Raymond Lee Jennings: ‘Dateline’ NBC Updates Michelle O’Keefe’s Blue Mustang California Murder Case

Raymond Lee Jennings is the subject of another episode of Dateline NBC. Back in 2015, Inquisitr brought you the story of Michelle O’Keefe, a California teen who was found murdered in her car 16 years ago. Dateline’s original episode on the story titled, “The Girl In The Blue Mustang,” left viewers asking more questions than there were answers. It took investigators years to solve the case, and the Dateline episode ended with the conviction of Raymond Lee Jennings. But the story didn’t end there. In Friday night’s updated episode titled “The Man Who Knew Too Much,” the story of Jeffrey Isaac Ehrlich’s connection to the case will be revealed, and how his connection led to the release of Raymond Lee Jennings.

Dateline NBC: “The Man Who Knew Too Much”

Dateline NBC’s coverage begins with the 2000 death of 18-year-old Michelle O’Keefe, who was found dead in her favorite car, a blue mustang. The college student had been shot multiple times and seemed to have been a victim of a botched carjacking. But police didn’t have evidence to prove that theory. Their investigation eventually led them to Raymond Lee Jennings, who worked as a security guard in the parking lot, where O’Keefe was found, according to the LA Times.

His arrest was based solely on the fact that he seemed to know too much about the murder. Jennings’ fate was also sealed after a tip from psychic Sylvia Browne, who stated that a uniformed man named Lee did it, also seemed to line up.

Jennings has gone to trial three times. The first two ended in deadlocks. The third ended in a conviction and a 40-year sentence but even that one was thrown out earlier this year.

  • Side Note: Psychic Silvia Brown, who is now dead, was wrong about another case (if you believe in Raymond Lee Jennings’ innocence). Read about that one here.

He Didn’t Do It!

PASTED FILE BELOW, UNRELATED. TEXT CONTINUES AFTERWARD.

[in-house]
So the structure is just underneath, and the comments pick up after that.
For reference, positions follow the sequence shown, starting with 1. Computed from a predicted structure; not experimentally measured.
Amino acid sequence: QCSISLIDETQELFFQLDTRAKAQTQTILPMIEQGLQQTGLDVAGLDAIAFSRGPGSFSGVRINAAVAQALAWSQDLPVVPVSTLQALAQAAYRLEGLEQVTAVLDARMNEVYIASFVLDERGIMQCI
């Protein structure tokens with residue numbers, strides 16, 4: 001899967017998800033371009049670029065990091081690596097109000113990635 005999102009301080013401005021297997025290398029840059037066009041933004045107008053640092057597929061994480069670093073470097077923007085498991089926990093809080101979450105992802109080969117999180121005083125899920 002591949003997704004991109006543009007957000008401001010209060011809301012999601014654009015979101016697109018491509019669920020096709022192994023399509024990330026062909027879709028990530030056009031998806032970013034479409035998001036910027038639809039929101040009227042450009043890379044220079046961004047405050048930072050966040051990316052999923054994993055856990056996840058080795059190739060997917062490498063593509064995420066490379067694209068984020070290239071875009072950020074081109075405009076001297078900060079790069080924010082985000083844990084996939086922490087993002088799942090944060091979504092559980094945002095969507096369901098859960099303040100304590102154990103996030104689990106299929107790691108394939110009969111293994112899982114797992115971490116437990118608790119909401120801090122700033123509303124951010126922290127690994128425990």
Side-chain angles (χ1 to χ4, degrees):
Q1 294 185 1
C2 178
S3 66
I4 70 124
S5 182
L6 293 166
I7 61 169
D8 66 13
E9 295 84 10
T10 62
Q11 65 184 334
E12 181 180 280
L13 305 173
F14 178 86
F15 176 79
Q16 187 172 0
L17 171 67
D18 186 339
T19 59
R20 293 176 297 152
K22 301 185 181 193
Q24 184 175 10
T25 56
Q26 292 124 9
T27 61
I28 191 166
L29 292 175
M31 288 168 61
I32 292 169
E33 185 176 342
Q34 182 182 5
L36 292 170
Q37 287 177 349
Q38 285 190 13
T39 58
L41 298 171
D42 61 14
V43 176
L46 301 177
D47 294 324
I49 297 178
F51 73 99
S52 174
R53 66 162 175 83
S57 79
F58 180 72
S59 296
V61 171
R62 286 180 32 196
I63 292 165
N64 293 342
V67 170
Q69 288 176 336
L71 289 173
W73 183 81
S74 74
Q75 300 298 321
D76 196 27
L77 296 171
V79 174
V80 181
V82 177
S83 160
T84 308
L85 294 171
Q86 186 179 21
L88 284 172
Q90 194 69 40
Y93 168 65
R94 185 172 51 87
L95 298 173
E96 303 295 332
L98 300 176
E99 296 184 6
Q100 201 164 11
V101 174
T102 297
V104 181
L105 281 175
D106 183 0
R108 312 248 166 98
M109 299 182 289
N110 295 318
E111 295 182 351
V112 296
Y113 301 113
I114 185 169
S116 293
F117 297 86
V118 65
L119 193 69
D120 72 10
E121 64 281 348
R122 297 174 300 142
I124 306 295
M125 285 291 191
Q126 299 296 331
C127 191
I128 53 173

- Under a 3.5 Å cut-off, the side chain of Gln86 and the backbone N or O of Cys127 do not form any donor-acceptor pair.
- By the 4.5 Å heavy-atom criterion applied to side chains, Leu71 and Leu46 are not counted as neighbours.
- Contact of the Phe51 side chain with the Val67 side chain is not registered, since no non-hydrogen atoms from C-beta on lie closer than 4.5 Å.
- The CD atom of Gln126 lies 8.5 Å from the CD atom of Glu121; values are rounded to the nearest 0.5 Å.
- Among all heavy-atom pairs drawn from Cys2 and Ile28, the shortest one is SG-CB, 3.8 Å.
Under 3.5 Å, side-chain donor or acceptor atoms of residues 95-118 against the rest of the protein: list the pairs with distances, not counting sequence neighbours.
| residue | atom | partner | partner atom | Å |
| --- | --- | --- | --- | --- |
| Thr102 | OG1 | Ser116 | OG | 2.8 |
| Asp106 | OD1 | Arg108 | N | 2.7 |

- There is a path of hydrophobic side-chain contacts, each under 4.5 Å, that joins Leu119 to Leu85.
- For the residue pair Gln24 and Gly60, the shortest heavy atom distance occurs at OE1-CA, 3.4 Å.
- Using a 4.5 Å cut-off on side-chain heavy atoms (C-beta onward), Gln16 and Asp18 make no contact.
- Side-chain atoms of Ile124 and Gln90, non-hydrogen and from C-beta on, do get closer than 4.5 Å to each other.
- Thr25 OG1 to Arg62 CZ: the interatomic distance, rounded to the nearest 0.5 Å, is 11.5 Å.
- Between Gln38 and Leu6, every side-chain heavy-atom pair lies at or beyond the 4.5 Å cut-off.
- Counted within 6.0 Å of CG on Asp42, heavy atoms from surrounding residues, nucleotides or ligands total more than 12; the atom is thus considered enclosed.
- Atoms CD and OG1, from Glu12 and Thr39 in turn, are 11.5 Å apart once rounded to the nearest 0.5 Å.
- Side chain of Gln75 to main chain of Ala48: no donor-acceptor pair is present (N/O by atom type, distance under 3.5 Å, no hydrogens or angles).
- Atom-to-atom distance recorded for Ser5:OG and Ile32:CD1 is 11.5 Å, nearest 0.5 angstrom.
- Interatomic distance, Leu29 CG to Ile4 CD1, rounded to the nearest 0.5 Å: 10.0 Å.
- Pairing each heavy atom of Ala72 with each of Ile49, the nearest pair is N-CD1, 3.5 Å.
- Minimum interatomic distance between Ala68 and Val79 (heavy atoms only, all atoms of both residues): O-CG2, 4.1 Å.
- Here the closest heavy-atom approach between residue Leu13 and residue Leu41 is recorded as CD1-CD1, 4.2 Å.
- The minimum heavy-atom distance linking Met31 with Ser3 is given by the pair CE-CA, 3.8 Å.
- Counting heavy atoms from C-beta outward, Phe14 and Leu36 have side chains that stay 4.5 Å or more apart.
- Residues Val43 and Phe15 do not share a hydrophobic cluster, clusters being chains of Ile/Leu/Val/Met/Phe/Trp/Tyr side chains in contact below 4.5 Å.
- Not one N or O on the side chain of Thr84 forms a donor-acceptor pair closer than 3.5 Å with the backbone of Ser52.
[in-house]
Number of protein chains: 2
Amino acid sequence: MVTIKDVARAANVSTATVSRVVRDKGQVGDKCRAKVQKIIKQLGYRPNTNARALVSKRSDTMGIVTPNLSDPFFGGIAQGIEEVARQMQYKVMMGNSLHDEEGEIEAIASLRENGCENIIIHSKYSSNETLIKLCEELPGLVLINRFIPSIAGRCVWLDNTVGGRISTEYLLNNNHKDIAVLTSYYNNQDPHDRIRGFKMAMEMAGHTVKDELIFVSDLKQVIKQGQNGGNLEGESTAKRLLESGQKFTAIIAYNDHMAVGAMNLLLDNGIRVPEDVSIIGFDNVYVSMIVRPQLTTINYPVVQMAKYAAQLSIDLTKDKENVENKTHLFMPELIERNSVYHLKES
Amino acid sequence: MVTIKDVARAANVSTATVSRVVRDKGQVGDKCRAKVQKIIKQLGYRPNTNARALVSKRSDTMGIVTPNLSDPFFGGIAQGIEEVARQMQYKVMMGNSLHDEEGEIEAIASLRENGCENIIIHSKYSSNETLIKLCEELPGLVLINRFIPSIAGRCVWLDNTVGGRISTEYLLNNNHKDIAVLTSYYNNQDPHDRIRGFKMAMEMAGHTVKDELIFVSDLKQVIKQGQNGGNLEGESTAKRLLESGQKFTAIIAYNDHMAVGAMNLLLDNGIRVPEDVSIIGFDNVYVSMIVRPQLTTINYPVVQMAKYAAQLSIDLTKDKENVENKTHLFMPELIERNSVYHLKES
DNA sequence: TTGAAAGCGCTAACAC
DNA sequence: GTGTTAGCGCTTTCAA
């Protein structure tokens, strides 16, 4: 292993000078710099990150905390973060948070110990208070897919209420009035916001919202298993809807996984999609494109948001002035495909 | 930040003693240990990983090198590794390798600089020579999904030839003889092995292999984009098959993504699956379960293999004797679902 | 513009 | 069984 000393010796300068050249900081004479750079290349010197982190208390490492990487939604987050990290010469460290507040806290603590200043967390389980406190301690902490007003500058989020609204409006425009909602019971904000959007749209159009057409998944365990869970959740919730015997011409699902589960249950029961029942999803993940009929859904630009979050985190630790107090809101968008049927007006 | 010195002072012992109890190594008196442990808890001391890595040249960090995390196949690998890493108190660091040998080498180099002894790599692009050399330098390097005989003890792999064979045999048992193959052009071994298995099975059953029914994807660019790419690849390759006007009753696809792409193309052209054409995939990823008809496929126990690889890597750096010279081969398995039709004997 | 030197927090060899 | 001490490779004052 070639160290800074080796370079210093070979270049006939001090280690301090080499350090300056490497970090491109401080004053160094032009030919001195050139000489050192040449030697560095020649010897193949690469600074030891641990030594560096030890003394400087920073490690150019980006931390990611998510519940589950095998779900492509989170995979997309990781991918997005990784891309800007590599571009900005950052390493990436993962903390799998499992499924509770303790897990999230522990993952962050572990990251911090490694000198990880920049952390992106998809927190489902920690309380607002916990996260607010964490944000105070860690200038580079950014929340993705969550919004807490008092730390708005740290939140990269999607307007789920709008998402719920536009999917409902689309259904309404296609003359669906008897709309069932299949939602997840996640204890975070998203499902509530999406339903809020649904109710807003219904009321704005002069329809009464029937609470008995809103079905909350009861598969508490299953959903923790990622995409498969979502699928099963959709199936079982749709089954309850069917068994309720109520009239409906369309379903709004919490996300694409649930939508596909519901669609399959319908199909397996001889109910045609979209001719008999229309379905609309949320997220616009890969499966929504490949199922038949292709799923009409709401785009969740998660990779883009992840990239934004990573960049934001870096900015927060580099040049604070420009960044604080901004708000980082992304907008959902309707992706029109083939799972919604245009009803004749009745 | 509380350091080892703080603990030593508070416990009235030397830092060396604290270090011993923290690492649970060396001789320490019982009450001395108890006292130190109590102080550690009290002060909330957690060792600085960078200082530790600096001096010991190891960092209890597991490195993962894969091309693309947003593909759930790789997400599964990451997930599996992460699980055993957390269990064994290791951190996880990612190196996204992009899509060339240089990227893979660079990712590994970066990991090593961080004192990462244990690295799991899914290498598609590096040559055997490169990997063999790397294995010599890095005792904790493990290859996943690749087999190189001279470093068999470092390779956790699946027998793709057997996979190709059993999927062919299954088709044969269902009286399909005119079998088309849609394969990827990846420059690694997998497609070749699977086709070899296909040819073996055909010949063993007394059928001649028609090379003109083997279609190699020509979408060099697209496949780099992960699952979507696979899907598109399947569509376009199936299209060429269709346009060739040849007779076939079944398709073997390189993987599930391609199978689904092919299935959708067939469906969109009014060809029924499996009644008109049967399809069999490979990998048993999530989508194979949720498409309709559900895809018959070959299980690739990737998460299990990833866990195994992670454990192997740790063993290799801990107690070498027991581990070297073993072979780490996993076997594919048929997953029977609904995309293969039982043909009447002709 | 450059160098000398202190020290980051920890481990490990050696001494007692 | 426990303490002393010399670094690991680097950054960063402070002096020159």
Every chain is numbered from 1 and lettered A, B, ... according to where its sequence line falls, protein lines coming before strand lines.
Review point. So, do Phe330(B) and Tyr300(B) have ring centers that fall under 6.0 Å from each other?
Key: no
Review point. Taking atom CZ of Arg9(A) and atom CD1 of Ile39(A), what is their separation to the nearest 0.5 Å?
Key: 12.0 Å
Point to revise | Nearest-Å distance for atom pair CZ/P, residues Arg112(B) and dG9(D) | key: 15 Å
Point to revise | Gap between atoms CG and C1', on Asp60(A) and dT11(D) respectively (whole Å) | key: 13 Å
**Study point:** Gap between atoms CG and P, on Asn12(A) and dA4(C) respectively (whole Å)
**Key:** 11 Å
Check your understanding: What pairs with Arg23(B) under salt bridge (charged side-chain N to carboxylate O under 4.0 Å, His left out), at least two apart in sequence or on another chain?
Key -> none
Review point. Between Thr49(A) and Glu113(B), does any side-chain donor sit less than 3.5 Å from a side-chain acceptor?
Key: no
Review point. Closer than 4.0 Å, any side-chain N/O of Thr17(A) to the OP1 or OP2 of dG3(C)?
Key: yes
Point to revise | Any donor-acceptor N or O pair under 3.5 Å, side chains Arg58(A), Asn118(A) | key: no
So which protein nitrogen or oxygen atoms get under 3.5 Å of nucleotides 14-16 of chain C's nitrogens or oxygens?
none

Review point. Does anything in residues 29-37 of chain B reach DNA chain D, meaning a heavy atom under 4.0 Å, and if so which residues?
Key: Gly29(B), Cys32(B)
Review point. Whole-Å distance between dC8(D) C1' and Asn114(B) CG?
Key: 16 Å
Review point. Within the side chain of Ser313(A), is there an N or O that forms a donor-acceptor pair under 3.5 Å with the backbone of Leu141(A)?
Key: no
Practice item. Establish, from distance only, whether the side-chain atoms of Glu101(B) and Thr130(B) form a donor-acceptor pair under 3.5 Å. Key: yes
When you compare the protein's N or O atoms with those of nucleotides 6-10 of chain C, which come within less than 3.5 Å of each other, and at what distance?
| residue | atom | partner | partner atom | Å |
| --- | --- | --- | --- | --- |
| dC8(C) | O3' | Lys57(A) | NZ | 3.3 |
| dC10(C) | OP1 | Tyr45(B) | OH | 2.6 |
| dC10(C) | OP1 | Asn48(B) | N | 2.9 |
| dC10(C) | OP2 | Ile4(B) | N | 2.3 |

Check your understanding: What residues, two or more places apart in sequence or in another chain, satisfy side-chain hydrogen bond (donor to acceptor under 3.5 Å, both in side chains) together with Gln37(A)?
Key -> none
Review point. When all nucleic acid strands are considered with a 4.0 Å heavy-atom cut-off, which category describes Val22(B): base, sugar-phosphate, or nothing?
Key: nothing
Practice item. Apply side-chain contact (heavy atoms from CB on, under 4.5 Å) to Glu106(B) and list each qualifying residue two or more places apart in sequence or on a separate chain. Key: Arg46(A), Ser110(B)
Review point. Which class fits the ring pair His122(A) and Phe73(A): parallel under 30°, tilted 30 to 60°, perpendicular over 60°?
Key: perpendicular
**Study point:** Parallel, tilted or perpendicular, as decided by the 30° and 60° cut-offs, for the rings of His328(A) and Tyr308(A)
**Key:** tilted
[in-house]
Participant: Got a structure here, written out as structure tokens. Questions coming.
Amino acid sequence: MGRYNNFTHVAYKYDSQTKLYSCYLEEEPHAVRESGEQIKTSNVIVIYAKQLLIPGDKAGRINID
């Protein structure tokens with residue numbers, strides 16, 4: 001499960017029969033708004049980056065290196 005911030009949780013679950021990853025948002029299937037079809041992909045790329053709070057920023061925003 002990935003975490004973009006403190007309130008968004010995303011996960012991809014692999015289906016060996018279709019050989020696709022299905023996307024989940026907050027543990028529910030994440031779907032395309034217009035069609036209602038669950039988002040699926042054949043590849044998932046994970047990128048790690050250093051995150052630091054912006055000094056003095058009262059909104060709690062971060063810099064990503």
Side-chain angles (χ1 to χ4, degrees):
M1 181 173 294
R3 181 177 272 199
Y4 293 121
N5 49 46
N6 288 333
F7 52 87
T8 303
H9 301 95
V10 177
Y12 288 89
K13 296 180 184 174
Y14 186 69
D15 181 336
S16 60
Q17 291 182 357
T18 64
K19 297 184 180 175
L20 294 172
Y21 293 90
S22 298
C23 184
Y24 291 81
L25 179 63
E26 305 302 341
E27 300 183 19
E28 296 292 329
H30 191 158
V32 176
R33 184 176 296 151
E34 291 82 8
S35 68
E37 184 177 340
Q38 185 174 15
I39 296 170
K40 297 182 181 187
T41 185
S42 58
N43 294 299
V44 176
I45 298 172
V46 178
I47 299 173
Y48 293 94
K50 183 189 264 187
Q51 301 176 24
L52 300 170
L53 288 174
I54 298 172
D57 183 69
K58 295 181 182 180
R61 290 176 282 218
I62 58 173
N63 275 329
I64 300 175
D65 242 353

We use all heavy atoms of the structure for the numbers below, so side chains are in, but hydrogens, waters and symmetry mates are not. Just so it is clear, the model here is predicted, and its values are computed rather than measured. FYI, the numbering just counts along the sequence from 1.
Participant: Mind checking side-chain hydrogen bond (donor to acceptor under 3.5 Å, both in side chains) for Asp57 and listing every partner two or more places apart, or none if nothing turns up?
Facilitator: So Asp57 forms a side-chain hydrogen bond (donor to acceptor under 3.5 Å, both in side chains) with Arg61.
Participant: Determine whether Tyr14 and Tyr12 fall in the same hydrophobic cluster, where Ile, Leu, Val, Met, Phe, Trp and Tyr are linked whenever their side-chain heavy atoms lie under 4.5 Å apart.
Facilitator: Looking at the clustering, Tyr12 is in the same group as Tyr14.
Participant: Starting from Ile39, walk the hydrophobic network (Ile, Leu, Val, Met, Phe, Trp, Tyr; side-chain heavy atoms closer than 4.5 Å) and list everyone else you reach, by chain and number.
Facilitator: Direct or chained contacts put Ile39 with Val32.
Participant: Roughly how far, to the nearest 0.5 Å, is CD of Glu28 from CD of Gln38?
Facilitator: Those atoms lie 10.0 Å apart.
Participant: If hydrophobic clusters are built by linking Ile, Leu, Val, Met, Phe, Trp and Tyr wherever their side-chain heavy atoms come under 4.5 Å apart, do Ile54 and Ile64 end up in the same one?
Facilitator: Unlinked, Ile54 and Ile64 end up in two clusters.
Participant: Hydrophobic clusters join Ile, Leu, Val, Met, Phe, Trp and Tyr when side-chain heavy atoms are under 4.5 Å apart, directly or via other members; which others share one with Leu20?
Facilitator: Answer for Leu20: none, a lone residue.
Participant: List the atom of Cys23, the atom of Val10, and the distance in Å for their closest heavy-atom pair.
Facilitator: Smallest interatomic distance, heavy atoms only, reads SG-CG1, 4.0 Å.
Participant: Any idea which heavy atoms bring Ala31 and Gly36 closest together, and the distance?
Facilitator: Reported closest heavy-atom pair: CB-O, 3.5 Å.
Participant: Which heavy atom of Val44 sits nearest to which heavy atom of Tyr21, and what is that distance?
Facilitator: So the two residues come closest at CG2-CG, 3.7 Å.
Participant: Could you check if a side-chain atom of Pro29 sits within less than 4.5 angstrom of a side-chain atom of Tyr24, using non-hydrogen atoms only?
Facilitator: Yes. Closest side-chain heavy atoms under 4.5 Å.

Many viewers who watched the original Dateline episode about the case came away with the feeling that Raymond Lee Jennings was not guilty in the death of Michelle O’Keefe. And they weren’t the only ones who doubted Raymond Lee Jennings’ guilt. As Inquisitr reported in a previous article, Justice For Raymond Lee Jennings, a Facebook page dedicated to Raymond’s story, has over 200 supporters who fought to have him released from prison.

But one more person made Raymond Lee Jennings’ release possible. According to Dateline NBC’s preview, Clinton Ehrlich turned on his computer and watched a six-year-old episode of Dateline, which was available online. That episode was “The Girl In The Blue Mustang.” Immediately, Clinton was drawn to the story in a way that can’t truly be explained.

There was just something about Raymond Lee Jennings that stimulated his interest, making him want to go deeper. Clinton Ehrlich even consulted with Jeffrey Isaac Ehrlich, his attorney father, about the case. One thing that stood out immediately was the lack of evidence to convict this man. A 2016 article in the Los Angeles Times gives an even more detailed explanation.

“From behind bars, Jennings, now 42, filed an unsuccessful appeal and later learned that California’s Supreme Court had declined to look into his case. But his conviction had already grabbed the attention of Ehrlich’s son. The appellate attorney’s son had stumbled across the “Dateline” special on the case and told his father he was struck by what he perceived as weak evidence. In October 2015, Ehrlich wrote a 34-page letter to the district attorney’s conviction review unit, arguing for Jennings’ release, saying he’d found “direct proof” of innocence and multiple flaws in the prosecution’s case.”

null

His questions led to a re-examining of the cases, which ultimately led to Raymond Lee Jennings’ release. To understand the twists and turns in the story, tune into Dateline NBC this Friday, November 11, at 9/8 p.m. Central.

What do you think of this story? Did Dateline and the investigators get it right the first time or does Raymond Lee Jennings deserve to be free?

[Featured Image by Justice for Ray]